The American innovation system, as I think of it, is a loosely coupled system that creates new knowledge and technology through research, produces educated young men and women to understand and create this new knowledge and technology, and move it to market as new products, processes, and services. This system has been an enormous success from any perspective.

It derives largely from the 1945 Vannevar Bush report, Science -- the Endless Frontier that established universities as the primary element of the nation’s basic research infrastructure, and recommended the establishment of a National Science Foundation. It still accurately describes a large part of technological innovation in the U.S., especially the chain that runs from universities through entrepreneurs and venture capitalists.

However, during the last 40 years, the core of the innovation system involving large corporations has changed substantially about every decade. In the 1970s, central corporate research laboratories dominated; in the 1980s, corporate R&D was transformed and absorbed into a new style of product development in response to the challenge of Japanese consumer manufacturing; in the 1990s, large companies acquired innovation by buying start-up companies often spun out from research universities; and now in the early 2000s, globally open innovation has begun to play a major role.

Several things suggest that we may see another shift in the U.S. innovation system: 

The scientific basis of new technologies will increasingly come from the life sciences and information technology;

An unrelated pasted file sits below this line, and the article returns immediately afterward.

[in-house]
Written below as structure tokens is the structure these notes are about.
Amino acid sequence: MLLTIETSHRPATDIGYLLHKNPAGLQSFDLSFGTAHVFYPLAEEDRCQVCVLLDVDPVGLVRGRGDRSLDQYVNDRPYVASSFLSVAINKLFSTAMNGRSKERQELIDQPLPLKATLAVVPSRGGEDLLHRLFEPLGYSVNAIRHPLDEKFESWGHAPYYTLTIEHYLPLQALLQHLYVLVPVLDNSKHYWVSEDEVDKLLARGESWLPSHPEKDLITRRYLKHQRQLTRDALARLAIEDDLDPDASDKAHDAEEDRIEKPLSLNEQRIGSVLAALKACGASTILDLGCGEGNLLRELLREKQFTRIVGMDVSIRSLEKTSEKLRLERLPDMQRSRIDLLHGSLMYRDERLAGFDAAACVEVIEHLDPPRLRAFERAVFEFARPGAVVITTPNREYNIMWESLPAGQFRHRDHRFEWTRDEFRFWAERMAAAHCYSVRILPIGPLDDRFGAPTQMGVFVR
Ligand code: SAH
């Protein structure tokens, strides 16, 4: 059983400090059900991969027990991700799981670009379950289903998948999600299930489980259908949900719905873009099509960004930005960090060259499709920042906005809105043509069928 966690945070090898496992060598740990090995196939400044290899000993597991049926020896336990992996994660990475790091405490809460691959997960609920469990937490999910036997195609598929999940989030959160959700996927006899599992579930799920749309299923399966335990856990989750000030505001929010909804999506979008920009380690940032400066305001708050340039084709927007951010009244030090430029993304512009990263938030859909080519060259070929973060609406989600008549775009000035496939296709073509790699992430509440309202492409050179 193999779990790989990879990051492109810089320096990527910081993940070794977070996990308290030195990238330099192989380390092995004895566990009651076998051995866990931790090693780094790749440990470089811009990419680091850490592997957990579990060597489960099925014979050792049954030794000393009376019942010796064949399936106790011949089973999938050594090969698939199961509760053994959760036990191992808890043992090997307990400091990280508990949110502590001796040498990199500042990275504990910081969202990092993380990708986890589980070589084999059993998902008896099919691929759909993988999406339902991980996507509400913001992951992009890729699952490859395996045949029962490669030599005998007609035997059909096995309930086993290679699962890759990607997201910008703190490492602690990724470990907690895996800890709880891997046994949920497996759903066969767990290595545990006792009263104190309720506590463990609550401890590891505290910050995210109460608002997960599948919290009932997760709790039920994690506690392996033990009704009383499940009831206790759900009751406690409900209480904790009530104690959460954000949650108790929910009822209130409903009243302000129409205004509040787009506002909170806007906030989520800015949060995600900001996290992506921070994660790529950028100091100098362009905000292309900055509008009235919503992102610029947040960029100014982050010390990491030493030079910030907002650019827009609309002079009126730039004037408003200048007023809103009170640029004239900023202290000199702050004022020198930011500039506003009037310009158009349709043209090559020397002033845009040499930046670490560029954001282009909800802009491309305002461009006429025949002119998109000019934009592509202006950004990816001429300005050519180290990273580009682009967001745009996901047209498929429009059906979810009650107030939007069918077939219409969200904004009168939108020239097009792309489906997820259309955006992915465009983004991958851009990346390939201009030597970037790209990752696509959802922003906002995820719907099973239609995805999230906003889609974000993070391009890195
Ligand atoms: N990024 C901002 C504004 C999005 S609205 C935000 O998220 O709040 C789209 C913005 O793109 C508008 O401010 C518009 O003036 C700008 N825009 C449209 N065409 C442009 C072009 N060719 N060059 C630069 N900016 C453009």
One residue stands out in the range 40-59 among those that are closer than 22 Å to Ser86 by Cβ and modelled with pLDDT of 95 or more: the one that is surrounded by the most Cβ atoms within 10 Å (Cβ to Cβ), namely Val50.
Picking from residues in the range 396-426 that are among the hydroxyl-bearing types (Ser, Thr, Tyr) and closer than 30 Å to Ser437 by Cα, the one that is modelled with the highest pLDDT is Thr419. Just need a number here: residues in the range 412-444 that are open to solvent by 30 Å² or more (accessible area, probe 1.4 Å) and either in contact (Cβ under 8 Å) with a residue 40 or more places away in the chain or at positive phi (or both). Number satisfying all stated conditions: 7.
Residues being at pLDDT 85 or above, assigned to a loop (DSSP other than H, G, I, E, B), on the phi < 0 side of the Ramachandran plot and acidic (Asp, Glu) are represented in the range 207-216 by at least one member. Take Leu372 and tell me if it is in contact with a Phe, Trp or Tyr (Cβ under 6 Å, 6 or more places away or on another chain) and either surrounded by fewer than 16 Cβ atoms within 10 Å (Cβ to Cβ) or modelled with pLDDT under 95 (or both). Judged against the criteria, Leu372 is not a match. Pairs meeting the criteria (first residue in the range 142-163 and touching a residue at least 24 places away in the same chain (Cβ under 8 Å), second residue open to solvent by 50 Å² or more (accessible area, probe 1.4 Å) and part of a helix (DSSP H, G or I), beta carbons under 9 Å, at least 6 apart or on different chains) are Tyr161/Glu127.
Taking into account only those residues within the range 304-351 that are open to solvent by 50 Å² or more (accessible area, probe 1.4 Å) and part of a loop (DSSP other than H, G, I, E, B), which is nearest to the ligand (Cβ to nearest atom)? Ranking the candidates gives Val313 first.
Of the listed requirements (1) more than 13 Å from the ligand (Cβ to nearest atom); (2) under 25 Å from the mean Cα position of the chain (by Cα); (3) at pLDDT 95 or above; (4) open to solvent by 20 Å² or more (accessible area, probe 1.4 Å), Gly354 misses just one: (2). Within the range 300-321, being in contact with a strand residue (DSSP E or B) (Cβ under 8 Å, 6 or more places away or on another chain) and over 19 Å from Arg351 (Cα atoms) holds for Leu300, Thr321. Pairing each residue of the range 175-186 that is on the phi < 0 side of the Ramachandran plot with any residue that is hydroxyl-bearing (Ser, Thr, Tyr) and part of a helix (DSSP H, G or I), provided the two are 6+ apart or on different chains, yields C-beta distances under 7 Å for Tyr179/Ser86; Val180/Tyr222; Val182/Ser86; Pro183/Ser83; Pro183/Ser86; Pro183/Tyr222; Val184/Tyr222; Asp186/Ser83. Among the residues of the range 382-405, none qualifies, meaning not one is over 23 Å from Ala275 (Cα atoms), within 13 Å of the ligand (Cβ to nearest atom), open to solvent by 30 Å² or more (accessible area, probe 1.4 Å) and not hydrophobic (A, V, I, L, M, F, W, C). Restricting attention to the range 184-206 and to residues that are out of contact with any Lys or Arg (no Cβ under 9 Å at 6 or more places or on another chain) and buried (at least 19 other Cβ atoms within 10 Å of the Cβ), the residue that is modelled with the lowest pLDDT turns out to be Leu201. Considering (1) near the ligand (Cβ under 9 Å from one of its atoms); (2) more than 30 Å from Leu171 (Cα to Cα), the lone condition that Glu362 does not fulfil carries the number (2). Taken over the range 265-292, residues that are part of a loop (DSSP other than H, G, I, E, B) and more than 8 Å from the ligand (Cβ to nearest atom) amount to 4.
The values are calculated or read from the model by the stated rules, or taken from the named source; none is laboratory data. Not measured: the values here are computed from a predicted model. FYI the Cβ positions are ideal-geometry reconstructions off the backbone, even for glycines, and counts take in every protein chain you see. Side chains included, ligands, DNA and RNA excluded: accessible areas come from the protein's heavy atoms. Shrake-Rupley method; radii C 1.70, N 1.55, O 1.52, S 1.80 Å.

Macro-scale systems challenges, especially energy, will drive innovation in the coming decade;
Venture capital may now be too risk averse and may not fit some large scale systems;
Globalization of R&D investments, education, and high-quality workforce will continue apace;
Economic growth may require a new enabling technology analogous to IT and the World Wide Web in the last century; and
We will need transformative breakthroughs to address many global grand challenges such as energy, healthcare, and security.

Perhaps our current innovation system will simply evolve continuously.

More likely, it will be augmented or readjusted to tackle large-scale 20th century challenges. For example, a 2004 U.S. NAE study proposed a set of Discovery Innovation Institutes to be located on the campuses of research-intensive universities. They would conduct engineering research and innovation at a larger scale and would have direct linkages to industry and government to guide use-inspired research and more efficiently move new ideas, discoveries, and technologies into practice. Such institutes would be especially suitable to complex, large-scale, and long-lived challenges such as energy. Indeed, DOE recently proposed very similar ideas.

In higher education there are many experiments underway to foster and enhance innovation capacity and new modes of thought. Olin College of Engineering, outside Boston, has operated now for seven years with a nontraditional, design-oriented curriculum and an organizational structure without the usual disciplines. Finland is constructing the entirely new Aalto University, which will combine technology, economics, and art and design. Singapore is establishing a new university in partnership with MIT that will also be focused heavily on science, engineering, information systems, and architecture with a special emphasis on the role of design, broadly defined.